Guest Blogger Priscilla Willis of She’s Cookin’ pops into Anepalco’s Cafe at the Ayres Hotel in Orange to chat with Chef Daniel Godinez about his vision for El Mercado in Santa Ana where he will be staking his claim to the culinary revolution happening in the Santa Ana Arts District.
Orange County is not bereft of cutting edge dining options – in fact, the OC restaurant scene has been surprisingly vibrant with creative, chef-driven establishments popping up in the most unexpected places. Several of them were on Brad Johnson’s list of10 noteworthy restaurantsyou should know and, admittedly, it was difficult limiting the list to 10, but one that immediately comes to my mind isAnepalco’s Cafe. Chef Daniel Godinez has successfully captivated adventurous diners and lovers of Mexican food with his unique cuisine of traditional Mexican flavors infused with French technique at Anepalco’s Cafe in Orange. Godinez opened his first Anepalco’s in a tiny, strip mall facing Main St. with St. Joseph’s Hospital looming overhead and developed a loyal following that, a year later, prompted owners of the Ayres Hotel to contact him when they were seeking a restauranteur to breathe new life into the hotel’s on-site dining.
The street signage announcesAnepalco’s Cafeat the Ayres Hotel with an image of the Eiffel Tower forming the “A” in Anepalco and the subtitle”Le Mexique French Cuisine” that piques your curiosity as to what deliciousness will emerge from the kitchen of the otherwise rustic rancho-styled dining room and shady covered patio. Serving brunch, lunch, and dinner, out of towners are discovering the French-influenced Mexican cuisine at the deft hands of Executive Chef Daniel Godinez and his loyal, capable staff.
On a recent visit for dinner, we talked at length with Chef Godinez about what he’s been doing for the past year – traveling around Mexico, researching the cuisine of different regions, and planning the opening of his third restaurant, El Mercado. He is most excited about developing the menu for his new concept which will feature small plates representing different regions of Mexico and is expected to open in Santa Ana at the close of 2013. With the burgeoning food revolution happening in Santa Ana, staff that has been with him since day one, and passion and talent such as his, Godinez and El Mercado is sure to be a welcome and exciting addition to the Orange County dining scene.
Although the breakfast/lunch menu at both locations includes sweet and savory crepes, dinner (only available at the Ayres Hotel restaurant) is where Chef Godinez can spread his wings and really showcase his unique Mexi-French cuisine. The menu includes small plates from Queso Fundido to Pan Seared Frog Legs along with Pork Belly Tacos, Shrimp Cassoulet and the MUST HAVEPambazo Ahi Crudo.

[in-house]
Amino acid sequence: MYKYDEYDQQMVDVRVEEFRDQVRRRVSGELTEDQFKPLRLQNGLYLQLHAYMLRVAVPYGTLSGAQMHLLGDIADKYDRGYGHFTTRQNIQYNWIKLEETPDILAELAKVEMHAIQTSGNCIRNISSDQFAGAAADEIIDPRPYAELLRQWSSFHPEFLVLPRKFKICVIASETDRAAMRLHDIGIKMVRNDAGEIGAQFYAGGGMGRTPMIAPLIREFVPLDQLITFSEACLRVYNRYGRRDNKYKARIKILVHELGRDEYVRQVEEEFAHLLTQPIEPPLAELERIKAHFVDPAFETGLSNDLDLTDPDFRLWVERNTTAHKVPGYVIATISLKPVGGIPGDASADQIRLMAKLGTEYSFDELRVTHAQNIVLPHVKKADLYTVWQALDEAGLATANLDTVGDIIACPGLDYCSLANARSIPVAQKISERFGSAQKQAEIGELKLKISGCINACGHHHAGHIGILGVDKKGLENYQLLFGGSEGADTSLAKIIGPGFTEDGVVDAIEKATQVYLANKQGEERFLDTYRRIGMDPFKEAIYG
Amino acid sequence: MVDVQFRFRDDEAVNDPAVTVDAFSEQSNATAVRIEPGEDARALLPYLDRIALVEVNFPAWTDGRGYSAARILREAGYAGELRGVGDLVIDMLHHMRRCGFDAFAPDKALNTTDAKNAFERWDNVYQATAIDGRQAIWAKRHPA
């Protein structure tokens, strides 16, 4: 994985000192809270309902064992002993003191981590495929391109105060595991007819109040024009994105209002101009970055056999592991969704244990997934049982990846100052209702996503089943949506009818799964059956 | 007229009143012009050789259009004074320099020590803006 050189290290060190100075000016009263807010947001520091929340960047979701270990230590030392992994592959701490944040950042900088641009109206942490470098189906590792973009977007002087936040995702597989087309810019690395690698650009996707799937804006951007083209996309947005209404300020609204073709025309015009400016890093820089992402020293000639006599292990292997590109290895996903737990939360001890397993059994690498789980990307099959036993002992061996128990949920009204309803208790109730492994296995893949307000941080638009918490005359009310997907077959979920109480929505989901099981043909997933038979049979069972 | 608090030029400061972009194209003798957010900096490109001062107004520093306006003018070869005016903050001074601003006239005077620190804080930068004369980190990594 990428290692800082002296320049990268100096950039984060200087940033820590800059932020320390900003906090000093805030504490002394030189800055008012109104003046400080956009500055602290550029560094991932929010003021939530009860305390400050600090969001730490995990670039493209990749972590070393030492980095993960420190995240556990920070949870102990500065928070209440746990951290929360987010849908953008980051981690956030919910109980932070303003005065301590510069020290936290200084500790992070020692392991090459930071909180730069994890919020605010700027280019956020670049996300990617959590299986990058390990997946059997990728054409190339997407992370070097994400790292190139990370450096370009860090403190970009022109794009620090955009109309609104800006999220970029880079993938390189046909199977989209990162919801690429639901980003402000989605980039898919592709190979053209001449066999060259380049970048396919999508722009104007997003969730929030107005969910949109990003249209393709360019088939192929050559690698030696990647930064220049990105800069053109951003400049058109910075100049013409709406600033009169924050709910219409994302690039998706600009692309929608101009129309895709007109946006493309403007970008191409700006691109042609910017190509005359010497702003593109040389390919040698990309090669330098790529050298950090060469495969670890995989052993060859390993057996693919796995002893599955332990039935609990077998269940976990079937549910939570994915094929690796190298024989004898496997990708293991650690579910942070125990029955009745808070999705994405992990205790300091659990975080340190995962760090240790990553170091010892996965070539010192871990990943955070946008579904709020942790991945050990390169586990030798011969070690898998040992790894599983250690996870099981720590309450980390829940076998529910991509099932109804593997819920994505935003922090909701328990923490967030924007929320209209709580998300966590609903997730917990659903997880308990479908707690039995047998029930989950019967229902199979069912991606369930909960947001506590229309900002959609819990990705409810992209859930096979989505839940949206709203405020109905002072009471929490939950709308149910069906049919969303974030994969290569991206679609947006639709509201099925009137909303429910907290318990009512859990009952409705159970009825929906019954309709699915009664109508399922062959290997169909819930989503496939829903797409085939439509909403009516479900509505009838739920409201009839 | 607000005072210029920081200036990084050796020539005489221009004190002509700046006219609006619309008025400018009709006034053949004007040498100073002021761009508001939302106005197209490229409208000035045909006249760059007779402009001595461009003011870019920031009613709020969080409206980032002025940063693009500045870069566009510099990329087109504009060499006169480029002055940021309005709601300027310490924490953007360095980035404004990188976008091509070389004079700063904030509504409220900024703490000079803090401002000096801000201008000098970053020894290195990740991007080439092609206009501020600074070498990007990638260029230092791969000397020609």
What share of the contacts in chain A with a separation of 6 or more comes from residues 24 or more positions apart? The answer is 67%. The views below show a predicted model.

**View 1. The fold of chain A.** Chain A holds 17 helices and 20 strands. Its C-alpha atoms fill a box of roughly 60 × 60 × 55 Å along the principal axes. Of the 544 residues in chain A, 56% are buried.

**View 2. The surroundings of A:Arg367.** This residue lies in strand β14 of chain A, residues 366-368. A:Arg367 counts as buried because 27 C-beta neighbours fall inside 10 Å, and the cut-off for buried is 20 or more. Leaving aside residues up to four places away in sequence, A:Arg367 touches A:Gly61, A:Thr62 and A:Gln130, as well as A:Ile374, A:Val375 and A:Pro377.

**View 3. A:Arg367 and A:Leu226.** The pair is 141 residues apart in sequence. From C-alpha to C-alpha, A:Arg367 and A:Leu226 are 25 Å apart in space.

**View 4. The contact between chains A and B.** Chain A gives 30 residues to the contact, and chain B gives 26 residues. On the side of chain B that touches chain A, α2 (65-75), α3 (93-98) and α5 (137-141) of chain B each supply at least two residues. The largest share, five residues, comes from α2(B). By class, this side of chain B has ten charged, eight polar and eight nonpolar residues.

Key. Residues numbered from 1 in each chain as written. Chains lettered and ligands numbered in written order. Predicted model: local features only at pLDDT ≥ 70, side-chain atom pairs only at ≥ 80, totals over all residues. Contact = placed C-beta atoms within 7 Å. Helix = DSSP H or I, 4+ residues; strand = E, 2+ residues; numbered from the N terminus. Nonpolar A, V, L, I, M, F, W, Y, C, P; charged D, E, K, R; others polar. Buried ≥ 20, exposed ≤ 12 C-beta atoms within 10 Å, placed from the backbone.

Seafood is almost always my choice but it was not easy choosing one from among the alluring names of the entrees: Huachinango (Red Snapper); Costillas al Vino Rojo (Short Ribs Braised in Wine); Cielo, Mer y Terre (Scallops, Shrimp, Chorizo, Jidori Chicken), Arrachera (Hangar Steak); Carre D’Agneau (New Zealand Lamb). After much deliberation, my friend chose the Costillas al Vino Rojo and I theSerrano Beurre Blanc Tilapia.
I was delighted with my choice and in awe of how Chef Godinez transformed ordinary tilapia Serrano Beurre Blanc Tilapia into a refined dish bursting with tongue-tingling serrano buerre blanc sauce and silky potatoes. The fish was delicate, perfectly seared and rivals any I’ve had at fine seafood restaurants. We also shared an ahi tuna tartare with egg yolk where your server will ceremoniously break the egg imparting a richness to the tuna. For me, the meat dishes are a bit heavy and heady with rich complex sauces but there were many satisfied diners surrounding us and I made a note to return to try one of their tempting burgers.
With over 892 Yelp reviews and high ratings on Urbanspoon and Chowhound, Anepalco’s is well known in the cyber foodie world, but maybe not so much to the general public of Orange County. Having cut his teeth at a two of Orange County’s finer dining establishments (Charlie Palmer and Stonehill Tavern) and tread the learning curve of legal, permit and management issues involved in owning a restaurant, Godinez realizes that one of his biggest challenges with El Mercado will be to introduce new customers to their food.Godinez constantly strives to attract new clientele but predicts a loyal following of patrons will support his team at El Mercado.
This description byEdwin Goeiis spot-on and better than I could come up with: “The dark, thick sauce is a secret seven-chile blend harboring smoky, sweet and complex flavors of all the species of capsicum that went into it. Everything from the muted crispiness of the chilaquiles to the folds of a perfectly cooked egg to the cooling touch of crema takes on deeper resonance and depth when combined with spoonfuls of the stuff. And you’ll eat every speck eventual heartburn be damned.”
truly unforgettable Guava French Toast (opening photo), Savory Crepes, Fraises et Creme Crepe, Anepalco’s Pork Sandwich, and a Poblano Omelette .
If you haven’t been, you’re definitely missing out and need to give Anepalco’s Cafea try – asap. And keep your radar up for news on the opening of El Mercado.
Visit theirwebsitefor address and hours of operation as it varies between the locations.